Richard B. Kaner, distinguished professor of chemistry and biochemistry and materials science and engineering has been awarded the 2015 Materials Research Society Medal for “the discovery of efficient methods to synthesize water dispersible conducting polymer nanofibers and their applications in sensors, actuators, molecular memory devices, catalysis, and the novel process of flash welding.”
The Medal recognizes a specific outstanding recent discovery or advancement that is expected to have a major impact on the progress of a materials-related field. The award is a $5,000 cash prize, an engraved and mounted Medal, and a citation certificate. The award will be presented at the 2015 Materials Research Society Fall Meeting at the Sheraton Boston Hotel and Towers in a ceremony on Wednesday, December 2.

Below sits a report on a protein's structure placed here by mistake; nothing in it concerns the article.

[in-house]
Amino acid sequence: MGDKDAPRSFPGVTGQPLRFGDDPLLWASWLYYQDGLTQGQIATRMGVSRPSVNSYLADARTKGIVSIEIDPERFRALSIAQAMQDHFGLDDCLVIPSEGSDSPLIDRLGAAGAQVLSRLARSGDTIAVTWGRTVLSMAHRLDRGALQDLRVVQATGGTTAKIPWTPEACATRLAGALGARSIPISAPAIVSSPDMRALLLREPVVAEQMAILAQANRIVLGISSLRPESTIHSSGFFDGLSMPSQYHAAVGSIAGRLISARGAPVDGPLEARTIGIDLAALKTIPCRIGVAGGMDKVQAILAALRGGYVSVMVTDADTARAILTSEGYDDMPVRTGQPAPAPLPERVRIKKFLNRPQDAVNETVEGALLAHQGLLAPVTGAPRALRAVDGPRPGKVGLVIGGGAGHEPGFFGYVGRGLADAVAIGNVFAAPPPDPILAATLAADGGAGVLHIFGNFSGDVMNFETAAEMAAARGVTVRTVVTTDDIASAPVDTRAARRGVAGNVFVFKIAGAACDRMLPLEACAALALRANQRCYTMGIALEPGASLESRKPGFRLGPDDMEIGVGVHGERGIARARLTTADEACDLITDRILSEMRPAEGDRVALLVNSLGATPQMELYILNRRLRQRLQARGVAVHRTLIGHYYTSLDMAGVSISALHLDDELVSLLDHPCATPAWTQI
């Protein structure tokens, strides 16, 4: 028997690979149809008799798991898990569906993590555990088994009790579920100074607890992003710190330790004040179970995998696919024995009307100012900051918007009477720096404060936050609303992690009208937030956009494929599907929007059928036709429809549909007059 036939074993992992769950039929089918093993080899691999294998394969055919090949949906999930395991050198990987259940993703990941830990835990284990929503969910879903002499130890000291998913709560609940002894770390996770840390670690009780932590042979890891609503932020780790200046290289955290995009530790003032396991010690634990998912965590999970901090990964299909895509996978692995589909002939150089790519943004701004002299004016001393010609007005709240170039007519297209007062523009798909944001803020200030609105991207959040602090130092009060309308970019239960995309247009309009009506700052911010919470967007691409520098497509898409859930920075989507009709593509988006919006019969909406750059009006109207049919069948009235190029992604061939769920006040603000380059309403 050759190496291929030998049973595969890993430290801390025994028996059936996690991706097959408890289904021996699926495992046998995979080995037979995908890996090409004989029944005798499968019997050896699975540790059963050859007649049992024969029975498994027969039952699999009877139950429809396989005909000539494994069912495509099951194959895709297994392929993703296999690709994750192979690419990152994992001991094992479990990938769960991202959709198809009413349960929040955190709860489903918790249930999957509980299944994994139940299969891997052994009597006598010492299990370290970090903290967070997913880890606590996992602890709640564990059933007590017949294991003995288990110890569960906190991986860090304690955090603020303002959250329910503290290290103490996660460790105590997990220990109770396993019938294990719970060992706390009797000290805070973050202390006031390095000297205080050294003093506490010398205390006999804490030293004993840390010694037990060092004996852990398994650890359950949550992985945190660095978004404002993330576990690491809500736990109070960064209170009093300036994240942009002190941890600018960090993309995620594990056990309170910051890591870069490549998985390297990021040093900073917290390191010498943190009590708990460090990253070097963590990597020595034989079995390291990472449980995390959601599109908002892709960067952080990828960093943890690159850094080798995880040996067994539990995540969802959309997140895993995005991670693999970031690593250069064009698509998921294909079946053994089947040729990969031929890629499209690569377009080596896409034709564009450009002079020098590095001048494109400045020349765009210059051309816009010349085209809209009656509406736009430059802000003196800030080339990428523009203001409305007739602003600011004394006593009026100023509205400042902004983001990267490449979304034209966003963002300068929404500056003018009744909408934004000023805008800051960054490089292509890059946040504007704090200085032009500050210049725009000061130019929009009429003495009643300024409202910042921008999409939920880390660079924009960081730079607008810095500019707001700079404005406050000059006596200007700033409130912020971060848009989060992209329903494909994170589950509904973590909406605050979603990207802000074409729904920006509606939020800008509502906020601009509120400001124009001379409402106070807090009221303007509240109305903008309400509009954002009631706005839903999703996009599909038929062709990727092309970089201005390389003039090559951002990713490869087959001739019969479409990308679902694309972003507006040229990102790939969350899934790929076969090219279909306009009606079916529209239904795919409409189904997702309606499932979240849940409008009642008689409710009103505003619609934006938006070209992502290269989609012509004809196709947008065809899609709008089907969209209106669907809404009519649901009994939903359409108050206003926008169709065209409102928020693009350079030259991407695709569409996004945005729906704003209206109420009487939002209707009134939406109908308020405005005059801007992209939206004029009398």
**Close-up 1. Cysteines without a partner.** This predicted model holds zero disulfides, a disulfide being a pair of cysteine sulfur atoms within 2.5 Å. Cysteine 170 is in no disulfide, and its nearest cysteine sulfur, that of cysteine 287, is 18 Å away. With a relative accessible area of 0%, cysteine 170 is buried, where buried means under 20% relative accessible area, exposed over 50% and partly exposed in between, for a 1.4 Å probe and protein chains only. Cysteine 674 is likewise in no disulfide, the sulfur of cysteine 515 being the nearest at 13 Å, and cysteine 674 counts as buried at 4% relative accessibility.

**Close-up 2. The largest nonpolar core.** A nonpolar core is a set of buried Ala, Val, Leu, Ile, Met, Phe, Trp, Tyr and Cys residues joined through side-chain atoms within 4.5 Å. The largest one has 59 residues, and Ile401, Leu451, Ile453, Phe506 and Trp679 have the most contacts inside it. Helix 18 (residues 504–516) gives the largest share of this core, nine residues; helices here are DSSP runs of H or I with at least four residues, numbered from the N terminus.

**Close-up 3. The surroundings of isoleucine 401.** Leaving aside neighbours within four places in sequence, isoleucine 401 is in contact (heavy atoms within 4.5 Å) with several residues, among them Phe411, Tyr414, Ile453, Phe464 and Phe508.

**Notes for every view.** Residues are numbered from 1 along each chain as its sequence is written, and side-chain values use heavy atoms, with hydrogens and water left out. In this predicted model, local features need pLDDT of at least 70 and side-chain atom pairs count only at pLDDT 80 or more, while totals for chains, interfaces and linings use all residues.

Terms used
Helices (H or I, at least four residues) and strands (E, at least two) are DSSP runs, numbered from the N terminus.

Kaner earned his PhD in inorganic chemistry from the University of Pennsylvania in 1984. After a postdoctoral research position at the University of California, Berkeley, he joined UCLA as an assistant professor in 1987. He was promoted to associate professor with tenure in 1991, became a full professor in 1993, and a distinguished professor in 2012. He is a member of the
Kaner has received awards from the Dreyfus, Fulbright, Guggenheim, and Sloan Foundations, as well as the Exxon Fellowship in Solid State Chemistry. He earned the Buck-Whitney Research Award, the Tolman Medal and the Award in the Chemistry of Materials from the American Chemical Society for his work on refractory materials, including new synthetic routes to ceramics, intercalation compounds, superhard materials, graphene, and conducting polymers. According to Thomson-Reuters latest survey, Kaner is among the world’s most highly cited authors.